Editor Terry Troy’s picks are unique and effective leaders
By Terry Troy
Selecting Ohio’s Top 500 business and organizational leaders is an arduous process. There are so many leaders in our state, many with their own leadership styles. Whether a leader is transformational, delegative, servant or authoritative, judging a leader for our purposes usually becomes a matter of only one word: effective.
As you page through this issue, please keep that in mind. While we celebrate leadership and power, we also recognize that there are many leaders who have not made our list, people who are nonetheless transformative and innovative, people who are exhibiting the very highest values of leadership.
I was recently asked who I thought were the three best business and organizational leaders in the state over the past year.
I’m afraid my selections are obvious, at least with this first go around. They start with Lourenco Goncalves, president, chairman and CEO of Cleveland-Cliffs. Described as a dynamic leader and a strong personality, Brazilian-born Goncalves led a strategic initiative that transformed Cleveland-Cliffs into a leading player in the U.S. steel industry and one of our region’s largest employers. And while his company’s recent bid to acquire U.S. Steel has run into a few stumbling blocks, Goncalves’ leadership ability was recently recognized by the American Iron and Steel Institute, whose Board of Directors named him to serve as its chairman.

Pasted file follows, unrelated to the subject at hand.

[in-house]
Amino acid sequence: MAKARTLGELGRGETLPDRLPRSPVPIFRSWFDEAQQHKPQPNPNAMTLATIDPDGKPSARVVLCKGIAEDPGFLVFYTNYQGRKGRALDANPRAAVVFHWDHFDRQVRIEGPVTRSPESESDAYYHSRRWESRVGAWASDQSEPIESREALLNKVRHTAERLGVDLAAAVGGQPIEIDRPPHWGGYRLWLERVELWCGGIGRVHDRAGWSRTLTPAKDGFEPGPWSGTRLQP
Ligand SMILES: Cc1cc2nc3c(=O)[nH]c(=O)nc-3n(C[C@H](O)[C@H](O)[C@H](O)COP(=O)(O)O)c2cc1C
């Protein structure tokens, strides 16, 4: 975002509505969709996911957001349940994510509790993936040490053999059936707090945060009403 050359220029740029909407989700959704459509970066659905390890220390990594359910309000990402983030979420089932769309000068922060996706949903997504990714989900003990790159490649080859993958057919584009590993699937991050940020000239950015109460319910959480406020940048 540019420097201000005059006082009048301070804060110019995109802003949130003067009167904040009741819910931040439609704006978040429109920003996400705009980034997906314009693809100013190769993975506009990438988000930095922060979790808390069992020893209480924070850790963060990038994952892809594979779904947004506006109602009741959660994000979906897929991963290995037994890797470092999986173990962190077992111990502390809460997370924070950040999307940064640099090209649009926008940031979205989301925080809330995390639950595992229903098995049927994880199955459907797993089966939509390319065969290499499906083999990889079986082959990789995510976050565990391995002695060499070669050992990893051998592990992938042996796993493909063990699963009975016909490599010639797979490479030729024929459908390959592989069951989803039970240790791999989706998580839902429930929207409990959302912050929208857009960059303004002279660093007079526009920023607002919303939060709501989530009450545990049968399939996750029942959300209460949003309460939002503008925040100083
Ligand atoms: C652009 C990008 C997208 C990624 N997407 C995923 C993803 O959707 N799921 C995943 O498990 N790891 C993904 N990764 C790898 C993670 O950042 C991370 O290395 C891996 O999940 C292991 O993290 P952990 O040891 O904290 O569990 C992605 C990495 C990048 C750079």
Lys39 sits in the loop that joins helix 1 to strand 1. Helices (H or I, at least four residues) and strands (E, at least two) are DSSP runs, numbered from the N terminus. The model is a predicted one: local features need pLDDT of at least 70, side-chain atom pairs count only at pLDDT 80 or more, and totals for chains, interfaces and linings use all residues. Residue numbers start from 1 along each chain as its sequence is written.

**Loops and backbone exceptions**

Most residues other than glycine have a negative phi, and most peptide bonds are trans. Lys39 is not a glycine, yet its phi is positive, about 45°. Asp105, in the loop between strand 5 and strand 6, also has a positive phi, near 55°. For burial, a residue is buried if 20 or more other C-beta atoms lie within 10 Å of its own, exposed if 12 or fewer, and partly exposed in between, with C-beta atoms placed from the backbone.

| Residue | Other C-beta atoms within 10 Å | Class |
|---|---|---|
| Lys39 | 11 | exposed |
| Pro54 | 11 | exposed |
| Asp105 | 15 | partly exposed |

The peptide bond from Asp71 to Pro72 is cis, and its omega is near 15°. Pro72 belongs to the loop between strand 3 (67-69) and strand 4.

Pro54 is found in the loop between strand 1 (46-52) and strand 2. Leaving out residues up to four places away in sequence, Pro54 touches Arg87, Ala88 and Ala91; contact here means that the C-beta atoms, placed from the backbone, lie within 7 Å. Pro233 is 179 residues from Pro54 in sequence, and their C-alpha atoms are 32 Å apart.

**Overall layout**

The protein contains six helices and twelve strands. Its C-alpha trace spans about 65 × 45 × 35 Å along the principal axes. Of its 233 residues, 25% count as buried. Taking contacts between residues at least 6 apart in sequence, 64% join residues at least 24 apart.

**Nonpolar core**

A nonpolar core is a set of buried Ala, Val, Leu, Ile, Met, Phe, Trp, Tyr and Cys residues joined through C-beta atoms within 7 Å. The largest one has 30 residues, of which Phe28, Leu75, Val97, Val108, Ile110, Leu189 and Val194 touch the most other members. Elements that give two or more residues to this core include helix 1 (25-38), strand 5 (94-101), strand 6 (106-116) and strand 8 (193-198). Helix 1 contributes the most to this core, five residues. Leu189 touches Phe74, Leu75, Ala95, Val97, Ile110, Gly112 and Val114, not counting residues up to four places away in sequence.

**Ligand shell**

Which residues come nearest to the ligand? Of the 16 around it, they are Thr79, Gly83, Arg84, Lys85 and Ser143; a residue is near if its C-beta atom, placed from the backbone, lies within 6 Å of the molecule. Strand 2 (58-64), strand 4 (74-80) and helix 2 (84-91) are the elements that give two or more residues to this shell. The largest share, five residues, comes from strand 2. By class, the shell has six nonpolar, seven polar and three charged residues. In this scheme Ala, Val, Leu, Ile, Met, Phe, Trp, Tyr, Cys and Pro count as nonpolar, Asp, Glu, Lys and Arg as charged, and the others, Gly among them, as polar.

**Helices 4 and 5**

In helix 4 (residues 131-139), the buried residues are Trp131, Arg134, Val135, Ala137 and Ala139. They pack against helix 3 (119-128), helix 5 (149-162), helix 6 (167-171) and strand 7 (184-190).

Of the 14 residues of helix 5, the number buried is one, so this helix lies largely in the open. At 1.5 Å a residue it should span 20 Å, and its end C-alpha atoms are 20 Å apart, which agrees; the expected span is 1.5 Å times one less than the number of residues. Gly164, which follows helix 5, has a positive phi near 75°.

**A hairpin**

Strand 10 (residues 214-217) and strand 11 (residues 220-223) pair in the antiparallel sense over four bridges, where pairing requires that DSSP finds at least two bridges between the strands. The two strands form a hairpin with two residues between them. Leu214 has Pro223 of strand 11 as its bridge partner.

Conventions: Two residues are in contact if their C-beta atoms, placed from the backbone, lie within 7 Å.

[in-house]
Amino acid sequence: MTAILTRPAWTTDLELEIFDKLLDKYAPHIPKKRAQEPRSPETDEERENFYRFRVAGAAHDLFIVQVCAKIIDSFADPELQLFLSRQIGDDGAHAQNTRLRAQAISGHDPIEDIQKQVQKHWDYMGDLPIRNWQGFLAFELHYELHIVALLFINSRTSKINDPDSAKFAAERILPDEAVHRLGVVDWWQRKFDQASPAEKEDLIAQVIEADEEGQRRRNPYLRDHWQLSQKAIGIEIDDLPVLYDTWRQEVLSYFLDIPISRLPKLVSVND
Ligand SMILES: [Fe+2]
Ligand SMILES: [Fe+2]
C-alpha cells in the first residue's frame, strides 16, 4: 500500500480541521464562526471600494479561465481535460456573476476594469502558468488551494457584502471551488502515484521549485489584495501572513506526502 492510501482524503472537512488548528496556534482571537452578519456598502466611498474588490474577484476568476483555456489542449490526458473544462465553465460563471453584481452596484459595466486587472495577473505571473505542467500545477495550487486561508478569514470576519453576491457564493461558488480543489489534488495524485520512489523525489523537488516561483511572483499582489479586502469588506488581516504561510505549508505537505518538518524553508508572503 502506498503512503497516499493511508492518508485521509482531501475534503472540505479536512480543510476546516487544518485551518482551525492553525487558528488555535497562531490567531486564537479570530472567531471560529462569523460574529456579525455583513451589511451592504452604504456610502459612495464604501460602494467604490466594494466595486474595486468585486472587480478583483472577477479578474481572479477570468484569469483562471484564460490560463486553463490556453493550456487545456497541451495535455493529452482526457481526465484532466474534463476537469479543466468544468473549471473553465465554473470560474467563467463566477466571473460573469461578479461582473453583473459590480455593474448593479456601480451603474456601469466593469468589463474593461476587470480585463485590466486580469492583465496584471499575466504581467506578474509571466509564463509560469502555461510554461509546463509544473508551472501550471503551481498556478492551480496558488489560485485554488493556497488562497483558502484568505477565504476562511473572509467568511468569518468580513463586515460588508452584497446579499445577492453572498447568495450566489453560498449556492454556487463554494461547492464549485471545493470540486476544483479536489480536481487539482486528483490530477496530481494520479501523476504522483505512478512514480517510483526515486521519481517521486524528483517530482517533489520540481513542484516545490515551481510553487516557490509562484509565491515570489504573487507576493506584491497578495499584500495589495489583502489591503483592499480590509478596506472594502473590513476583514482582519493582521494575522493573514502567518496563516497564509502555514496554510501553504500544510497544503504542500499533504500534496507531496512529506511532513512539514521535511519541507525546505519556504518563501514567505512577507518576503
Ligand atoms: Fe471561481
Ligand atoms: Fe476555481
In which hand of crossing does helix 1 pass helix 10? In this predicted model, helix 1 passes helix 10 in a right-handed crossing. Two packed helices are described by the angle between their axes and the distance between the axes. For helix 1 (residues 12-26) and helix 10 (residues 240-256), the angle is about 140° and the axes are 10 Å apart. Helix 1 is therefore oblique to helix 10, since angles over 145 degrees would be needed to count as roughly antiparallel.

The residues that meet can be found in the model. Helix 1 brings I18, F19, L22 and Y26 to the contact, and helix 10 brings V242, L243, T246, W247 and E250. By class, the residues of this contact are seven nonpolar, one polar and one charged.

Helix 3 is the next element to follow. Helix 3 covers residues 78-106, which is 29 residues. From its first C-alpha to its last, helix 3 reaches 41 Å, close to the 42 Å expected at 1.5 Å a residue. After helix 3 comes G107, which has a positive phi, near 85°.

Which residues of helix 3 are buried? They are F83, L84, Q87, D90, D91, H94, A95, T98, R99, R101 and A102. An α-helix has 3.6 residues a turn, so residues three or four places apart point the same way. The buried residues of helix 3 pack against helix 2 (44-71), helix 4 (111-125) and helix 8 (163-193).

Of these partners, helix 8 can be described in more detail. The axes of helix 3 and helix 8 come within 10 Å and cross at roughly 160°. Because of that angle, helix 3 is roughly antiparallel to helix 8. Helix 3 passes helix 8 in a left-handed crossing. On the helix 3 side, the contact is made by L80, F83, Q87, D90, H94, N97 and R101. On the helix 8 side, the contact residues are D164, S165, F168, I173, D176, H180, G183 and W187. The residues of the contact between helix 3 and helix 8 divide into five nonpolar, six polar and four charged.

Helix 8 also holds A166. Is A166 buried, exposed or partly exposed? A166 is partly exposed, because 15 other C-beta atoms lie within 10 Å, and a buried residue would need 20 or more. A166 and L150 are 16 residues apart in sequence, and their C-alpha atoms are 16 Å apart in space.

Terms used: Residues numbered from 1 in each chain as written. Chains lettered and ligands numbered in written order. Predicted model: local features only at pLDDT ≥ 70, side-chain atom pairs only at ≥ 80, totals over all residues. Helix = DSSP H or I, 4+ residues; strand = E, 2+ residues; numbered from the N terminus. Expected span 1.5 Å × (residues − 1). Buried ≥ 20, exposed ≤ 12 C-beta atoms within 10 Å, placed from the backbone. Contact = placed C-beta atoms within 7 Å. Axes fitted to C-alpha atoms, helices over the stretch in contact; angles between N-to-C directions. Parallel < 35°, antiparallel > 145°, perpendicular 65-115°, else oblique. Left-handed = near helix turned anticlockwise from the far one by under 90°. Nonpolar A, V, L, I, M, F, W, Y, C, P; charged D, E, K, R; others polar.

Cincinnati is home to my two other selections: Jon Moeller, CEO of consumer products giant Procter & Gamble, and Rodney McMullen, who heads up Kroger Company, America’s largest grocery retailer.
Many business leaders get their start at P&G, but Moeller is an example of how a leader moved up through the ranks, learning as he climbed the corporate ladder. Not too surprisingly, he credits P&G with much of his success, saying in a recent podcast that, “I still learn something every day.”
Moeller combines the concepts of strong corporate and fiscal leadership with creative forward thinking that positions his company’s products at the very forefront of the marketplace. Sometimes, even his own executive team questions his approach—until they see the ultimate results.
Like Moeller, Rodney McMullen also moved up through the ranks in a “rags to riches” story that reads like something from the pen of Horatio Alger. McMullen joined Kroger as a part-time store clerk in Lexington, working his way through college at the University of Kentucky, a position that would serve as a launching pad for a lifelong career with the company.
So does McMullen celebrate his own rise to power and leadership of one of America’s largest corporations?
Hardly. He is much prouder of what he has been able to accomplish in a leadership position, rather than how he became a leader.
“I’ve had the privilege of uplifting thousands of associates, serving millions of customers and eating lots of great food,” he said. “I’m most passionate about the work Kroger is doing through Zero Hunger|Zero Waste, our bold social impact initiative, to end hunger in the communities we serve and eliminate waste across the company by 2025.”
It’s a sentiment shared by many of the leaders on our Ohio 500 list.
I’m sure there are many people who might disagree with my Top Three. If you disagree, I’d like to hear from you.
I’m sure there are many more Ohio 500 leadership stories out there.